Fossil fuel use history; per-capita is on the right; approximate ramp-in model as red curve.

The curve is cubic until 1970, then flattens out (even though it has continued to rise, in truth). The rate at which we draw down the NRFR is therefore proportional to the population multiplied by this per-capita function, framp:

I picked α to be 1/600, in the case where population, P, is measured in billions. The resource, R, starts at a value of 1.0, and the ramp function is normalized to saturate at a value of 1.0. This means, for instance, that in 1975 when the population was 4 billion and the ramp function was already at 1.0, the resource decline was −α×4×1.0 = −0.67% per year (a 150 year characteristic depletion timescale).  The depletion rate is faster now, of course, having doubled the population since then.

How does this play into population? I assume that some (constant) fraction of fossil fuel extraction goes to food production and therefore feeds a growing population. This isn’t strictly true (that fraction has increased over time, as in the Green Revolution), but we’re not looking to nail it here—just exploring what kinds of behaviors can result. Specifically, I modified the population rate to add an influence from fossil fuels on top of the ever-present and patiently waiting ecological (logistic) piece:

I picked β to be 1/(32α) to do a reasonable job matching the data—to a point. Note that R-dot is negative (since the resource, R is in decline), so that the first term serves to increase population.  Meanwhile, once we’re “over our skis” and P climbs much higher than Q, the second term exerts a strong negative influence.

Why did I do it this way? If I left out the “corrective” logistic piece, then population would soar as the resource was depleted until one day the resource abruptly ran out (not how it works). Once the resource is gone, R-dot goes to zero and the first term above is just zero and population just hangs out at its peak forever more, even when the fossil–food spigot is turned off. Rather than “improve” the model with separate tracking of birth rates and death rates—which would bring in more uncomfortable assumptions—I just left the logistic piece in as the “natural” negative feedback influence. It makes a lot of sense in that once we are deprived of the non-renewable resource, we become dependent again on what the land itself provides. Having overshot the carrying capacity by a wide margin provides a sharp “corrective” agent in the equation.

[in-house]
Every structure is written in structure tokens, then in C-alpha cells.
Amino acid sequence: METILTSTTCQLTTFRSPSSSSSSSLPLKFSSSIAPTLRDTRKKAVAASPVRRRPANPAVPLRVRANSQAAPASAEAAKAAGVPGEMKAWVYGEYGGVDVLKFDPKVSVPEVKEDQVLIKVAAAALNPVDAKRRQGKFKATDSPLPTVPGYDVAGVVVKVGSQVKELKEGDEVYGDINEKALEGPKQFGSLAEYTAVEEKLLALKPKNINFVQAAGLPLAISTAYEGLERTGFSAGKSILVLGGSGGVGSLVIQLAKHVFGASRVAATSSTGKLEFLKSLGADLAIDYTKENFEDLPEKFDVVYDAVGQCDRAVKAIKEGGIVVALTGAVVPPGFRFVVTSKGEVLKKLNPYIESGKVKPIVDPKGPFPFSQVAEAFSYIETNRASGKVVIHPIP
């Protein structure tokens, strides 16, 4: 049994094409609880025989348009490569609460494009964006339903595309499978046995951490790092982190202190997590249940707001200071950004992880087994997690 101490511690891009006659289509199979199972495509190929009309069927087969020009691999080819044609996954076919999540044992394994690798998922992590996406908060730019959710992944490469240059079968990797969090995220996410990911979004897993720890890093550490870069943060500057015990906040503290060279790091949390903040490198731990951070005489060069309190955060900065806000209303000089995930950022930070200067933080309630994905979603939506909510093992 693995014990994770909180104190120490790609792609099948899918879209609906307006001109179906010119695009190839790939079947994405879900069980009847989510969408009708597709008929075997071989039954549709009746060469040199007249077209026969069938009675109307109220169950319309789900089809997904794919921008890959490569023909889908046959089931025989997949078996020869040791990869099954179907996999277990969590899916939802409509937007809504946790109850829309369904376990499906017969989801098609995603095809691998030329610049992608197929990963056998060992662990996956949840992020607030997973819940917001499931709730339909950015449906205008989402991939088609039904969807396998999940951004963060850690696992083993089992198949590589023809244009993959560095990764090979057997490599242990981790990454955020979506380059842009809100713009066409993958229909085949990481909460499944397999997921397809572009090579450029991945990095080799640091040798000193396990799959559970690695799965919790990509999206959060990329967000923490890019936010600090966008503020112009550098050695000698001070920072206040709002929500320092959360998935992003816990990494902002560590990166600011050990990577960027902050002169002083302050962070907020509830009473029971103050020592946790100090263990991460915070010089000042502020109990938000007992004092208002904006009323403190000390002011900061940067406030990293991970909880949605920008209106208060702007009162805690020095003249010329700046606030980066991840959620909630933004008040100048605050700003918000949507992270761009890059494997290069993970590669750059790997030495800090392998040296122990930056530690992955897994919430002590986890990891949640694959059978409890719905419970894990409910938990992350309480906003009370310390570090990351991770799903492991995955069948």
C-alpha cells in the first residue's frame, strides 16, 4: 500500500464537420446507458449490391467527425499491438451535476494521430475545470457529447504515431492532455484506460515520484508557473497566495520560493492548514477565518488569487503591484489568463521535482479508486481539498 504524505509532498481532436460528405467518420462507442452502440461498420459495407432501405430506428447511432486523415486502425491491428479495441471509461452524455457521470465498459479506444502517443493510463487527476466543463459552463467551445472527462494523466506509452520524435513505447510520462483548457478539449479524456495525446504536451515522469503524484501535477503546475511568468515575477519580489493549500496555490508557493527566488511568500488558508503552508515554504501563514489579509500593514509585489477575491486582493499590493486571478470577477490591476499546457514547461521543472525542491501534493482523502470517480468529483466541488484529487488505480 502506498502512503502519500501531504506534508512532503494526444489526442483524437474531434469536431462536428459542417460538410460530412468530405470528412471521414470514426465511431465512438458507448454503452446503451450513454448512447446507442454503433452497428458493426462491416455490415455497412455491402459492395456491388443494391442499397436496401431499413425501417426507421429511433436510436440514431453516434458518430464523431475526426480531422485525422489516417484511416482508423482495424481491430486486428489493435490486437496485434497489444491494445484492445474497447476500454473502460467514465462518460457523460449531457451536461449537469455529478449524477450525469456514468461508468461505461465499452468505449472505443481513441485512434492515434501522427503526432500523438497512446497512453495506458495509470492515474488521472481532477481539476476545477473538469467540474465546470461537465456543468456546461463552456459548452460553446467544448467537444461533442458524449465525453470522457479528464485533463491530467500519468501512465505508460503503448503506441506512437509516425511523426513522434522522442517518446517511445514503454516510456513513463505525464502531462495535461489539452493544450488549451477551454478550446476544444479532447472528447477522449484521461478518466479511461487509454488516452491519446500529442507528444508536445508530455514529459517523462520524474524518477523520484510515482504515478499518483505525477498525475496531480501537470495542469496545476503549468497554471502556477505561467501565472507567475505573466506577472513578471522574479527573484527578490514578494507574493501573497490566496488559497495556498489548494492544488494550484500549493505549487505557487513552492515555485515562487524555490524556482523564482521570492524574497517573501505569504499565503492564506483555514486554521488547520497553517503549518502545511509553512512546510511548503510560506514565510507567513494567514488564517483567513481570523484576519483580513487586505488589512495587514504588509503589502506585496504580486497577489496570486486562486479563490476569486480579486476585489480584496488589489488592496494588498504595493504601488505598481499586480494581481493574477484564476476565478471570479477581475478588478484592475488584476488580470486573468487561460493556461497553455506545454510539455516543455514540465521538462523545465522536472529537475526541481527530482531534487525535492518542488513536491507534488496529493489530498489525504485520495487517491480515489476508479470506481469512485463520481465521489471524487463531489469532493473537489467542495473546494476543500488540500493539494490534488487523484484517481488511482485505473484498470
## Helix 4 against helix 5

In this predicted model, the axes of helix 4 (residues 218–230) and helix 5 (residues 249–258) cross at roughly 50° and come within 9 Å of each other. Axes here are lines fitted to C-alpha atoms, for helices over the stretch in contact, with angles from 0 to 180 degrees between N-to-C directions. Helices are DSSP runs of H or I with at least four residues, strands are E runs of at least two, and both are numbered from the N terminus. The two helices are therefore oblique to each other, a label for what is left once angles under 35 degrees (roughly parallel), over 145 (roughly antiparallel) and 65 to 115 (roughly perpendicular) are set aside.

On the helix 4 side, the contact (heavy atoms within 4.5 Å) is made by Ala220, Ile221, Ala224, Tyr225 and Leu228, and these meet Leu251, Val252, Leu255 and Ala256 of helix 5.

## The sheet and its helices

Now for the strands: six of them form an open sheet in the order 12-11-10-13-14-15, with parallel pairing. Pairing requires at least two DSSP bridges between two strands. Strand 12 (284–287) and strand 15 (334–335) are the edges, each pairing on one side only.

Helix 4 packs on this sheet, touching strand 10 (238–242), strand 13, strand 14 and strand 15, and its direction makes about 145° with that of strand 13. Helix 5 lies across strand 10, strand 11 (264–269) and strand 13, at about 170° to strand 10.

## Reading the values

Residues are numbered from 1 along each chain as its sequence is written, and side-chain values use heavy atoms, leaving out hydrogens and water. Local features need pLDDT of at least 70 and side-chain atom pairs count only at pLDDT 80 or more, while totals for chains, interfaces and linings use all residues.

Now, one final piece. Our fossil fuel bonanza has left our ecosystem in a perilous state. We have destroyed vast forests and habitat, polluted water and soil, kicked off a rapid climate trend that natural systems may not adapt to quickly enough, and basically overrun the planet. I keep coming back to two statistics that I think are vitally important and illustrative: 96% of mammal mass on the planet is now in the form of humans and our livestock, leaving a paltry 4% of wild mammals—land and sea. Roughly 70% of vertebrate numbers have vanished since 1970 (undoubtedly a higher fraction if the survey had started in 1700). Forests are also way down. See the post on Hockey Stick Curves for graphs of these declines.

As we destroy ecosystems, we lower the carrying capacity of the planet to support humans in the absence of “artificial” and temporary schemes. Therefore, our bonanza has costs, and I wanted to reflect this in the model. The simplest way to do so was to scale the carrying capacity (originally set to 2 billion) according to resources remaining. For reference, the model portrayed here leaves 38% of the NRFR in the year 2020, which is roughly commensurate with the scale of animal population loss—even a little less severe. Note that without downgrading Q, the population would still experience a peak/crash. At a population of 8 billion, the overhang from realistic carrying capacity numbers is severe whether we’re talking 0.5, 1, or 2 billion for Q. The present model uses up all the resource, sending Q to zero, but it’s easy to imagine a model tweak in which it does not go all the way down, so don’t waste time obsessing over this model “feature.”

Emerging Features

Having slogged through the details (which honestly took more time to write up and format than to implement in the actual work), what do we get? Let’s repeat the graphic for convenience.

Simple model of population (red curve) in the context of a finite resource connected to food production.

First, the red solid curve does a reasonable job following blue points (data) up to about the year 2000. Not bad, for such a simple low-investment model. Second, the black curve mimics the “most important plot ever“, which I have long used to provoke thought about the anomalous time we’re in and the phase change that awaits on the downside (incidentally, the artificial kink at 1970 shows up in this curve). As mentioned above, the remaining resource now is about 38% of its initial bounty in the model, which is not unreasonable.

But the big headline is the peak and rapid decline of human population. Granted, this model peaks too early, and can be rejected as an accurate model for humanity. But it’s not trying to be that. It’s trying to illustrate some basic real features:

  1. Propping up human population on a non-renewable finite resource is setting us up for a real sting of unprecedented scale;
  2. The exploitation of that same resource degrades the ecosphere and therefore Earth’s “natural” carrying capacity to support humans;
  3. These two act in concert to make the downside especially hard.

In fact, I could make an argument for this model being too optimistic, in that once fossil fuels begin to fail us, cold, hungry people will hack down what remains of forests and wild animal populations with reckless abandon. So the carrying capacity could drop even more precipitously than the gentle “civilized” blue curve indicates.